Legislative delegations attempting heavy hand – again – in local matters

March 24, 2021

Investigative Reports

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By RICK BRUNDRETT

Like spring flowers, bills showcasing the powers of county legislative delegations are blooming at the State House these days.

The Legislature last week passed a bill, sponsored by Sen. Kevin Johnson, D-Clarendon, and introduced just eight days earlier, that would consolidate Clarendon County School District 2 and the recently created District 4 – with the three-member legislative delegation, which Johnson chairs, in charge of appointing an interim school board.

Last month, Gov. Henry McMaster vetoed a related bill authored by Johnson and quickly passed by the Legislature, which would increase the size of the interim school board in District 4, created last year by lawmakers with the consolidation of districts 1 and 3, while keeping delegation control over the interim board appointments.

In his veto message, McMaster wrote that “any legislative efforts to merge school districts should take care to avoid unnecessary, and potentially unconstitutional, legislative entanglement in the consolidation process,” noting Johnson’s bill would “simply extend the duration of the Delegation’s dominion and control over the Board of Trustees.”

That bill, which The Nerve reported about before the veto was issued, was sent back to the delegation, though no further action has been taken, records show.

Johnson, a former Clarendon 2 school board member and mayor of Manning, didn’t reply to The Nerve’s written request Monday for comment. The county delegation includes Johnson’s daughter, newly elected Rep. Kimberly Johnson, D-Clarendon, who is a former Clarendon 2 school board chairwoman.

Sen. Johnson’s proposals aren’t the only delegation bills dealing with local schools. On Tuesday, Sen. Brad Hutto, D-Orangeburg, who is the Senate minority leader and part of the three-member Barnwell County delegation, introduced a bill that would consolidate Barnwell County school districts 19 and 29, with the delegation in charge of appointing an interim school board for the new district.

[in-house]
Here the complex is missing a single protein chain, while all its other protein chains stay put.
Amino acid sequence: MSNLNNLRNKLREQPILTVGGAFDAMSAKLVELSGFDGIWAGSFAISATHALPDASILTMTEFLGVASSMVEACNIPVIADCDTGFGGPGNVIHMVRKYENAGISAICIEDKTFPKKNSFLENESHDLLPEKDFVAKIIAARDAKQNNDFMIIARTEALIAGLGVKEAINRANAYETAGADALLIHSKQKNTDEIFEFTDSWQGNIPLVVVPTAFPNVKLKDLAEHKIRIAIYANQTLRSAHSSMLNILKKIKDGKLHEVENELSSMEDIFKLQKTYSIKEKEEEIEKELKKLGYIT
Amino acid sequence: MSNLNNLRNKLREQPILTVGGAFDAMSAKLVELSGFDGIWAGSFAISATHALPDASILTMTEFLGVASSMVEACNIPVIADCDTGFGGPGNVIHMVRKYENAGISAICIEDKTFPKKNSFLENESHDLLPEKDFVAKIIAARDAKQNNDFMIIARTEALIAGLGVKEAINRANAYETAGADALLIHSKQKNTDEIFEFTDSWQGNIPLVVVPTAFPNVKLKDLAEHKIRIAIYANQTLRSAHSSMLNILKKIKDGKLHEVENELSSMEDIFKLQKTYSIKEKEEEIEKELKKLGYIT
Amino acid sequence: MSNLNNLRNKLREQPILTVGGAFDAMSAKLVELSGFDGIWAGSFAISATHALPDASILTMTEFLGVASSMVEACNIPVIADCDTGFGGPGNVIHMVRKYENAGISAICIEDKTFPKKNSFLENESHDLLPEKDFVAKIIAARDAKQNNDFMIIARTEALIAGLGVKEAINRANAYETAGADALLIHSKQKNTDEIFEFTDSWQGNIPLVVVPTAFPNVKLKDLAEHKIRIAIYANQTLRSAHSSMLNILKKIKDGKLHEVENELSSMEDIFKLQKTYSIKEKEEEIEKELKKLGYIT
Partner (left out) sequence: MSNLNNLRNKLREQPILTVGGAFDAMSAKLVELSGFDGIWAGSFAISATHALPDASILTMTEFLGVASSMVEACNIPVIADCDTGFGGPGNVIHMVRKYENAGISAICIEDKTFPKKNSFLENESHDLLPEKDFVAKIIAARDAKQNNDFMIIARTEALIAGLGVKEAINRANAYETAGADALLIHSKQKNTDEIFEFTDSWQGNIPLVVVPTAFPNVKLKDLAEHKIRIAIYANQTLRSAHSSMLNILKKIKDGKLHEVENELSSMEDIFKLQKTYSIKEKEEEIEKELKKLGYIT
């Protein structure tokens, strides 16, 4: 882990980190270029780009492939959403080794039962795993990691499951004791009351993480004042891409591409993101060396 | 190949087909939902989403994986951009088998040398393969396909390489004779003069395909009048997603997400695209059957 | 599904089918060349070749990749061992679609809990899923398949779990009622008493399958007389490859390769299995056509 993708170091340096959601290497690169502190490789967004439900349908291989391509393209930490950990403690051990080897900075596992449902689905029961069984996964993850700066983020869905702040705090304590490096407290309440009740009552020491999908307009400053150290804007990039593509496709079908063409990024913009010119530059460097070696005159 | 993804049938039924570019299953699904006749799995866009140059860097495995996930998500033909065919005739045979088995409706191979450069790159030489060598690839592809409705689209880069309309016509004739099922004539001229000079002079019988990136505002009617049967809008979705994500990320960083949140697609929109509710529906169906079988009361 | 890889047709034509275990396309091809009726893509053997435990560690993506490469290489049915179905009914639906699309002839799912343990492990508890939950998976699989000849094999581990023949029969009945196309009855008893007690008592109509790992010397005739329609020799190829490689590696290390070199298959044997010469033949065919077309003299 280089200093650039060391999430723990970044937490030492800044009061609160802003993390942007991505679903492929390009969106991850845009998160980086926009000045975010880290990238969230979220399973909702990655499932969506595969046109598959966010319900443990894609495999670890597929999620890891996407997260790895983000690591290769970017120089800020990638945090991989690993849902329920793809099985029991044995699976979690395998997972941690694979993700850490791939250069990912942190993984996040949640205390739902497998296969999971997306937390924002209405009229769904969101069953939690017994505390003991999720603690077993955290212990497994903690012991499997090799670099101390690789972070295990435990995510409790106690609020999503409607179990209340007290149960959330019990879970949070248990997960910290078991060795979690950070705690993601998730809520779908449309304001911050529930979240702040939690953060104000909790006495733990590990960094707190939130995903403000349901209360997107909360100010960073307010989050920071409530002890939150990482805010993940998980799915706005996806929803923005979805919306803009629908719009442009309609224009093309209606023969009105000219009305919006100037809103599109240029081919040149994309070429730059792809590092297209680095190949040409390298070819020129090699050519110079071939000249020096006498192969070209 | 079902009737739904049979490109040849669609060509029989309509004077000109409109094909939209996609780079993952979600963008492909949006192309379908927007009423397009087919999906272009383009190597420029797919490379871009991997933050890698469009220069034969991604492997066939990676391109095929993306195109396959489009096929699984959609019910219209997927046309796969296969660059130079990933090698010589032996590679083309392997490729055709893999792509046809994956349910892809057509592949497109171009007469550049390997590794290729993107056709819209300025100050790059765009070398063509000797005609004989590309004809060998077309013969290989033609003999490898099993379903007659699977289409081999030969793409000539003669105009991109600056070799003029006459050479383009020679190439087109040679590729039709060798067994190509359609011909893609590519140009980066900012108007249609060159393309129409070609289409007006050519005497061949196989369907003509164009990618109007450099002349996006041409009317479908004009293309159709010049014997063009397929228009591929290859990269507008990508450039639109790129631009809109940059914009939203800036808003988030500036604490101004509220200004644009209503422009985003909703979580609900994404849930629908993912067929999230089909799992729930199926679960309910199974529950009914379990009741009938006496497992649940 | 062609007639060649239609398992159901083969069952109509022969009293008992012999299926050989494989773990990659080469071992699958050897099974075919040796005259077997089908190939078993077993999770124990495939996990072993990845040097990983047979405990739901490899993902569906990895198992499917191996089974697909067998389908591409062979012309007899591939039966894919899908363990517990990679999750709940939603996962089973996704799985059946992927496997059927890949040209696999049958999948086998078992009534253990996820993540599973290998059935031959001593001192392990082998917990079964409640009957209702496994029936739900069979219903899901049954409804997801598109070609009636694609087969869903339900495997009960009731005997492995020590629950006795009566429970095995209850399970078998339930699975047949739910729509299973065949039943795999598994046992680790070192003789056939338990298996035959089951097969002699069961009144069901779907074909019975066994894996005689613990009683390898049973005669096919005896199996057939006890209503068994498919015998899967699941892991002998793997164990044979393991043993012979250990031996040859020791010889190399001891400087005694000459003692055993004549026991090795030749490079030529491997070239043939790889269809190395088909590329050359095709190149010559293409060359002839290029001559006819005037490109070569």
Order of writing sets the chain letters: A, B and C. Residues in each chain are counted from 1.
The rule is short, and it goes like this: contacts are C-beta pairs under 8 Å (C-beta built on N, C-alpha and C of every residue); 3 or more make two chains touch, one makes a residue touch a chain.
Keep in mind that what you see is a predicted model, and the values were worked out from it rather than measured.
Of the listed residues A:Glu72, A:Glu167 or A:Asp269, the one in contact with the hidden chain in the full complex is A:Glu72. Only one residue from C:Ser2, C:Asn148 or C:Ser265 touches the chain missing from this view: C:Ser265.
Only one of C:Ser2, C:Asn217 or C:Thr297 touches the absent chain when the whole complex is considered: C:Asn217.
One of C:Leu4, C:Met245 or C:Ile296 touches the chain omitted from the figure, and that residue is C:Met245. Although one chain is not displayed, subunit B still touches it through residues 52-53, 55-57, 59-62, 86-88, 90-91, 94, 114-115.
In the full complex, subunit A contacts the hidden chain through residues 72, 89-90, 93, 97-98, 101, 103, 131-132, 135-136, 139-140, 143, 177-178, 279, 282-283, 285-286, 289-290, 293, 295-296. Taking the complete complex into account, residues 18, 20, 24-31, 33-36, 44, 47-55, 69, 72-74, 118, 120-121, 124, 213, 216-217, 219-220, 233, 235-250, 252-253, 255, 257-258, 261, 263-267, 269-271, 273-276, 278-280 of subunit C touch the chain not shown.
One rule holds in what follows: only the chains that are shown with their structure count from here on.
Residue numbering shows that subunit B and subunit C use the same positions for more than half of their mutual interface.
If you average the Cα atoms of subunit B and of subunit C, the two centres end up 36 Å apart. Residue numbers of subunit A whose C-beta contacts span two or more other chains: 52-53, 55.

The bill wasn’t referred to a Senate committee, as is done with most bills, but instead was placed directly on the full Senate’s uncontested-bill calendar.

McMaster last week vetoed another bill, sponsored by Oconee County House delegation members Bill Sandifer and Bill Whitmire, both Republicans, which would change the makeup of that county’s Board of Assessment Appeals, while keeping the three-member delegation’s control over recommending nominees to the governor for appointment.

McMaster in his written veto message to the House said a provision in existing law allowing the delegation to set the board’s pay is “independently problematic,” citing an earlier state attorney general opinion.

Contacted Monday, Sandifer, who is chairman of the House Labor, Commerce and Industry Committee, told The Nerve he was too busy to comment on his bill. The full House this week has been debating the state budget for the fiscal year that starts July 1.

On the other side of the state, Jasper County House delegation members Bill Herbkersman and Weston Newton, both Republicans whose home districts are in Beaufort County, introduced a joint resolution earlier this month that would require Jasper County to sell or convey certain property, where privately owned airplane hangars are located, at the Ridgeland-Claude Dean Airport.

Neither Herbkersman, who is a licensed pilot, nor county administrator Andy Fulghum responded to written requests Monday from The Nerve seeking comment. The Jasper County delegation has five members.

County legislative delegations exert considerable control in their respective counties. The Nerve earlier this month, for example, reported about separate House and Senate bills that would eliminate the authority of the head of the recently created state Department of Veterans’ Affairs in firing county veterans’ affairs officers, restoring the sole removal power to legislative delegations in their respective counties.

Until the mid-1970s, delegations generally governed counties, including approving county budgets. The Home Rule Act, which took effect in 1976, was supposed to give counties more control over their own affairs, though it didn’t end lawmakers’ control over other local matters.

Legislative delegations, for example, appoint most County Transportation Committees statewide, which determine what local road projects to fund with part of the state gasoline tax.

In 2019, The Nerve revealed how one senator in 12 counties can control the appointment of that county’s magistrates.

Brundrett is the news editor of The Nerve (www.thenerve.org). Contact him at 803-254-4411 or rick@thenerve.org. Follow him on Twitter @RickBrundrett. Follow The Nerve on Facebook and Twitter @thenervesc.

Nerve stories are free to reprint and repost with permission by and credit to The Nerve.

 

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